HEARING
Noise Hurts Men's Hearing More, Study Shows
Summer Sounds Can Lead to Hearing Loss
HEART & CARDIOVASCULAR
Coffee Is Generally Heart-Friendly
Fatty Fish May Cut Heart Failure Risk in Men
Fish Oil Supplements Help With Heart Failure
INFECTIOUS DISEASE
Grapefruit Compound Inhibits Hepatitis C Virus
Viral Infection Might Trigger High Blood Pressure
More Medicinal Uses for Pomegranate
INFERTILITY
Obesity May Affect Fertility in Young Womene
KID'S HEALTH
Most Depressed Teens Don't Get Treatment
Exercise During Pregnancy Keeps Newborn Size Normal
St. John's Wort Doesn't Work for ADHD
MEN'S HEALTH
Eating Fast Until Full Triples Overweight Risk
Sunlight May Help Protect Men From Kidney Cancer
Countdown to Hair Loss
MENTAL HEALTH
Using the Mind to Heal the Heart
Love Hormone May Ease Discussion of Painful Topics
Mind Exercise Might Help Stroke Patients
PAIN
Acupuncture, Real or Fake, Eases Back Pain
'Cell Phone Elbow' -- A New Ill for the Wired Age
Tai Chi May Help Ease Fibromyalgia
PHYSICAL THERAPY
PREGNANCY
Alternative Treatments May Boost IVF Success
Breast-Feeding Benefits Moms and Babies
Pregnant Women Exposed To Certain Pollutants Could Lower Childs IQ
SENIORS
Eating Well And Keeping Active As You Grow Old Will Help You Stay Sharp
For Older Walkers, Faster Is Better
Memory Loss Help from Brain Supplement Prevagen
SEXUAL HEALTH
SLEEP DISORDERS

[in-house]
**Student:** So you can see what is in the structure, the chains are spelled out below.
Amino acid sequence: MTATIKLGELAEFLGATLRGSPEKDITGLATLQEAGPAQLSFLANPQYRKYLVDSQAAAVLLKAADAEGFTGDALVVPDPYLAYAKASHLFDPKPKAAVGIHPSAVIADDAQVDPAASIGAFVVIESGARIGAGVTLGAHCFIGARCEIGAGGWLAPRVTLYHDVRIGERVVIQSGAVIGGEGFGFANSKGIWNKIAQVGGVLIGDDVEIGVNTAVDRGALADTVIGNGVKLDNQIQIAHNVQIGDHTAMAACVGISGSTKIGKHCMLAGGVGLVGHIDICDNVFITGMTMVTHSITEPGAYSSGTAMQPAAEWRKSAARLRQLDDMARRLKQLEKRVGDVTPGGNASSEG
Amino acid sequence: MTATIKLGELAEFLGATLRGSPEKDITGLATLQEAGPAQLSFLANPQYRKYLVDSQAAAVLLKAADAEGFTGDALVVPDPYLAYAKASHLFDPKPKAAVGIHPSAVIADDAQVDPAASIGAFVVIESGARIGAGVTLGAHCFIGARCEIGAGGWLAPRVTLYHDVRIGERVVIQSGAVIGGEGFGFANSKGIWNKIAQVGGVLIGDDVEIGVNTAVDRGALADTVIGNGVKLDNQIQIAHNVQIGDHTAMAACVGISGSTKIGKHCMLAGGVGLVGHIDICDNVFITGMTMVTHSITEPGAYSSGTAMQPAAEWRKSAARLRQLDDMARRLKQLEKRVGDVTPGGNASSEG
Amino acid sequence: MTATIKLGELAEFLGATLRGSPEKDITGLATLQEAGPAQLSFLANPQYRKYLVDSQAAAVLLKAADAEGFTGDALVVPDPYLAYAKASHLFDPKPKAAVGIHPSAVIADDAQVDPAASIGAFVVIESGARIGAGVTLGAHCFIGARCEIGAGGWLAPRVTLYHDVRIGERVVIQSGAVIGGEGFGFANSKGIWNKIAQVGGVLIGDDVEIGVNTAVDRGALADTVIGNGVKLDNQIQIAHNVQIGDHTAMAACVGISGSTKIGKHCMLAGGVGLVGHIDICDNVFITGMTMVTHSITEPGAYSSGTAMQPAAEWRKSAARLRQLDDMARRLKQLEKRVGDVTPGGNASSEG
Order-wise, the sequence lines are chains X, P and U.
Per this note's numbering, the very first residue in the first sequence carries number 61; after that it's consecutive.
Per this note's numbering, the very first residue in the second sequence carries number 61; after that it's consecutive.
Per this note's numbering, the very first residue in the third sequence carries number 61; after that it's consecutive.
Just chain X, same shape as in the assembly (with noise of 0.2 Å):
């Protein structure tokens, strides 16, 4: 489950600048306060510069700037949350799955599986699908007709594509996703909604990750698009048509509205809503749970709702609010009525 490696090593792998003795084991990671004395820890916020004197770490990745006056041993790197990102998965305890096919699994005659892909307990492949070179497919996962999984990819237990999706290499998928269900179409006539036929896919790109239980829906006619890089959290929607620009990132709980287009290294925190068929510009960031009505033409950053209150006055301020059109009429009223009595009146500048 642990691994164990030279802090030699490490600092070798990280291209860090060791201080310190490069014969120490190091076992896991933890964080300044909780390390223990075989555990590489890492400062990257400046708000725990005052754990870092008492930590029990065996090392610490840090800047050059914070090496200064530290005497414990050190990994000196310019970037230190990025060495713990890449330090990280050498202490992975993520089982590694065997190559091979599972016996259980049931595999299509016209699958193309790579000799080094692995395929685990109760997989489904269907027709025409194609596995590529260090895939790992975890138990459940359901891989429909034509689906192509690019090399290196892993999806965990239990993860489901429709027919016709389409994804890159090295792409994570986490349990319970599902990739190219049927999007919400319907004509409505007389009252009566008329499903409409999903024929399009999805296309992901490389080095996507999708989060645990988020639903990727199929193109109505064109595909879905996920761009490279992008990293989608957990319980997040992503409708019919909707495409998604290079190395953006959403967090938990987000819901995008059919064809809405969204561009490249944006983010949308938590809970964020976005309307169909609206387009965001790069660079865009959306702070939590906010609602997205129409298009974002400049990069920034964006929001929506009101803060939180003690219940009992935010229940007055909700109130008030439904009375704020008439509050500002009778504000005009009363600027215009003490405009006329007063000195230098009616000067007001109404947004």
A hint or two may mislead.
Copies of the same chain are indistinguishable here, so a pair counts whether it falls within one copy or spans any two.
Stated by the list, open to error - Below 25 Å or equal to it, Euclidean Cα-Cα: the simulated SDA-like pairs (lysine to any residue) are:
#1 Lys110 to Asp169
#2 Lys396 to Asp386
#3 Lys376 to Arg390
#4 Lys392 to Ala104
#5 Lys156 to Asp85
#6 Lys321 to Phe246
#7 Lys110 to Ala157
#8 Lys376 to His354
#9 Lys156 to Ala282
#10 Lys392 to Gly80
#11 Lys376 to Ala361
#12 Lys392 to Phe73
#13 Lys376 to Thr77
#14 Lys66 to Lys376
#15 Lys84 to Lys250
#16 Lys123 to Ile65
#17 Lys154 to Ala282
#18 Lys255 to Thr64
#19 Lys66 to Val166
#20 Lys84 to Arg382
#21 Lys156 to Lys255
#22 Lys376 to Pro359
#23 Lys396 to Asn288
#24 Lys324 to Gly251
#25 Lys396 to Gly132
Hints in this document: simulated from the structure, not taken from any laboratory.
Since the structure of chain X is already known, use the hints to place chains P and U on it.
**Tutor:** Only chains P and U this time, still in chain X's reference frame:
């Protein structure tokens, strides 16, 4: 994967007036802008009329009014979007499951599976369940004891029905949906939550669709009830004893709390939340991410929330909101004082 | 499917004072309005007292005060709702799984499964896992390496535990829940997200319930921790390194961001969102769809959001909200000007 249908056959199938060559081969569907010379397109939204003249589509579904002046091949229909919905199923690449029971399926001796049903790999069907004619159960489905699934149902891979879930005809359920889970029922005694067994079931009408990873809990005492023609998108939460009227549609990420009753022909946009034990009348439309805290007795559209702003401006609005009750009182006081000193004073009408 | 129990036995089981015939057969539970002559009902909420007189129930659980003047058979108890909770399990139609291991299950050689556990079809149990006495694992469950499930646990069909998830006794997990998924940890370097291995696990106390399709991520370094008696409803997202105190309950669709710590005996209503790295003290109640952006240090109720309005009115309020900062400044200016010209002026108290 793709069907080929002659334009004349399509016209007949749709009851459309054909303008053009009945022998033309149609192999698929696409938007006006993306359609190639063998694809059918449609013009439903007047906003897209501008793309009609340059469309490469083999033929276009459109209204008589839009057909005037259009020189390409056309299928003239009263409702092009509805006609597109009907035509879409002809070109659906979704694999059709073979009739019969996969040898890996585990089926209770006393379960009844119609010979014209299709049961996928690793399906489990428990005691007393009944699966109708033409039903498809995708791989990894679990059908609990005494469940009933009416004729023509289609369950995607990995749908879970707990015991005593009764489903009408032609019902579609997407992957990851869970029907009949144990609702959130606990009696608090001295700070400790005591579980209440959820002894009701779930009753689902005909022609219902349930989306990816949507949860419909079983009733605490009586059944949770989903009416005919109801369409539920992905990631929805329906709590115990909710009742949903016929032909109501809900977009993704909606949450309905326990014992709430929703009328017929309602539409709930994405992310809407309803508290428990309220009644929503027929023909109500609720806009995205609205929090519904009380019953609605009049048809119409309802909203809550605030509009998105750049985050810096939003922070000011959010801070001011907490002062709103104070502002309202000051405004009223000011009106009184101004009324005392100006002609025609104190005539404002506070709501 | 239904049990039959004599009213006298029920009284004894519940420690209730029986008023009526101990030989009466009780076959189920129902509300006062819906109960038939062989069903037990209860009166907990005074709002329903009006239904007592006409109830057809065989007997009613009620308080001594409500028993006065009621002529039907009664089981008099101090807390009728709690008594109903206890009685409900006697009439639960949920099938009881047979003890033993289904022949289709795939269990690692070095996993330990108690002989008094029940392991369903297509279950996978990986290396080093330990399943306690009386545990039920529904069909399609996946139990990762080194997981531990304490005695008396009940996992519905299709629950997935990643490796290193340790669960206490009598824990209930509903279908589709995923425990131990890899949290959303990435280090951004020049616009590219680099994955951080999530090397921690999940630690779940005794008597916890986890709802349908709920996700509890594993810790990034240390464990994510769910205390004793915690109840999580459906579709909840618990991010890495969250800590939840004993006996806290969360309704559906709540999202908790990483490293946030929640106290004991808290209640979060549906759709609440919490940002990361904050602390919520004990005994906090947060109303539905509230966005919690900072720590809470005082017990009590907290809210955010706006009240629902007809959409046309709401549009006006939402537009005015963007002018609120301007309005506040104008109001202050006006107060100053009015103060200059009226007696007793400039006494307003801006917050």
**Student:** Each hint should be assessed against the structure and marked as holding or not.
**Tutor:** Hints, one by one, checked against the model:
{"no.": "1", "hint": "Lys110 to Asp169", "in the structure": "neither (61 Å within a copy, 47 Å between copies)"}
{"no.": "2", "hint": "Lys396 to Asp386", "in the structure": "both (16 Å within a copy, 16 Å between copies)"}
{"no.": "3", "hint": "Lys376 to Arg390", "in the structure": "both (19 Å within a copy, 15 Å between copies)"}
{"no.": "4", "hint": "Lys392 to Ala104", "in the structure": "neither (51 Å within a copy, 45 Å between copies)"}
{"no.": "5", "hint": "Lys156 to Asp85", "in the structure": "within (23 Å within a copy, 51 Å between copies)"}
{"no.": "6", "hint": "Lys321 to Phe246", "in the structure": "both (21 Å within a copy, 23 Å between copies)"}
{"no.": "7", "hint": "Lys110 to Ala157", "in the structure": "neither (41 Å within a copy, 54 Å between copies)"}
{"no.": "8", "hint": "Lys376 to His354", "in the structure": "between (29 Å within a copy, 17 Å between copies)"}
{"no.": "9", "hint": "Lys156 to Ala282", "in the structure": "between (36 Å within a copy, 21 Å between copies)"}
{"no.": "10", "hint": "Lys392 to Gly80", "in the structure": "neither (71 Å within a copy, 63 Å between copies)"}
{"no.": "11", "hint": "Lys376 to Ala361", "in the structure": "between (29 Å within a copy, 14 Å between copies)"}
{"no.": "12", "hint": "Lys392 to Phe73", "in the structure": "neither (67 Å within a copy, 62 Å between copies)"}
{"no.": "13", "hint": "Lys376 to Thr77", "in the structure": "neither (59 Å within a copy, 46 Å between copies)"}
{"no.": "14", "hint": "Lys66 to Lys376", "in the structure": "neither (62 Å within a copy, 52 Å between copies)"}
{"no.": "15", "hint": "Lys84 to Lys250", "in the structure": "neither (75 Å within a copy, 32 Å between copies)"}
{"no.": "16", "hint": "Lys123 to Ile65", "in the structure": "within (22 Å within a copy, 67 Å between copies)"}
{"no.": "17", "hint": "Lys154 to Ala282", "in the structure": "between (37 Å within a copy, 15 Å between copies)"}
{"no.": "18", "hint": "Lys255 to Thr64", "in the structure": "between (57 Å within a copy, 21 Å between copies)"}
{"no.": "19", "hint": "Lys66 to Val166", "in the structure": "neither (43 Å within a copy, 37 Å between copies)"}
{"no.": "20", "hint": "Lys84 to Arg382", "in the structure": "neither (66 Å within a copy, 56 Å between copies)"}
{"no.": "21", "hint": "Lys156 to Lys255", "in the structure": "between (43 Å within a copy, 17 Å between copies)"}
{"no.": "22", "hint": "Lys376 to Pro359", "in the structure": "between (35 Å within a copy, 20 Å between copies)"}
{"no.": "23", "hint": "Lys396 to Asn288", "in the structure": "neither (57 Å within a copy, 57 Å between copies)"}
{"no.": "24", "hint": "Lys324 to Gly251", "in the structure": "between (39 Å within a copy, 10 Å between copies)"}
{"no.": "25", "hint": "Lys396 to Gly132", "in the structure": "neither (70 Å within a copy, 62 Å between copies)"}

Lose Weight, Sleep Apnea May Improve
Pay Attention to Signs That Say You're Too Fatigued to Drive
6 to 8 Hours of Shut-Eye Is Optimal for Health
WOMEN'S HEALTH
Natural Relief for Painful Menstrual Cramps
Flame-Retardant Chemical Linked to Conception Problems
Iodine in Prenatal Vitamins Varies Widely
Add your Article

TV Watching Doesn't Fast-Track Baby's Skills

MONDAY, March 2 (HealthDay News) -- The next time you pass by a shelf full of videos claiming to be educationally stimulating for babies, you might want to think twice before pulling out your wallet.

A new study suggests that watching television won't improve a baby's language or cognitive skills, even if they watch several hours a day.

"TV, in and of itself, doesn't seem to have an influence on cognition at age 3," said the study's lead author, Marie Evans Schmidt, a research associate at the Center on Media and Child Health at Children's Hospital Boston.

Results of the study were published in the March issue of the journal Pediatrics.

In 1999, the American Academy of Pediatrics began recommending that children under 2 years of age not have any screen time at all. But, more than two-thirds of American kids in the under-2 age group watch TV daily, and about 25 percent of those kids also have a TV in their bedrooms, according to background information in the study.

Almost 30 percent of parents responding to a recent survey said they felt TV or DVD viewing by children younger than 2 was educational and "good for the child's brain."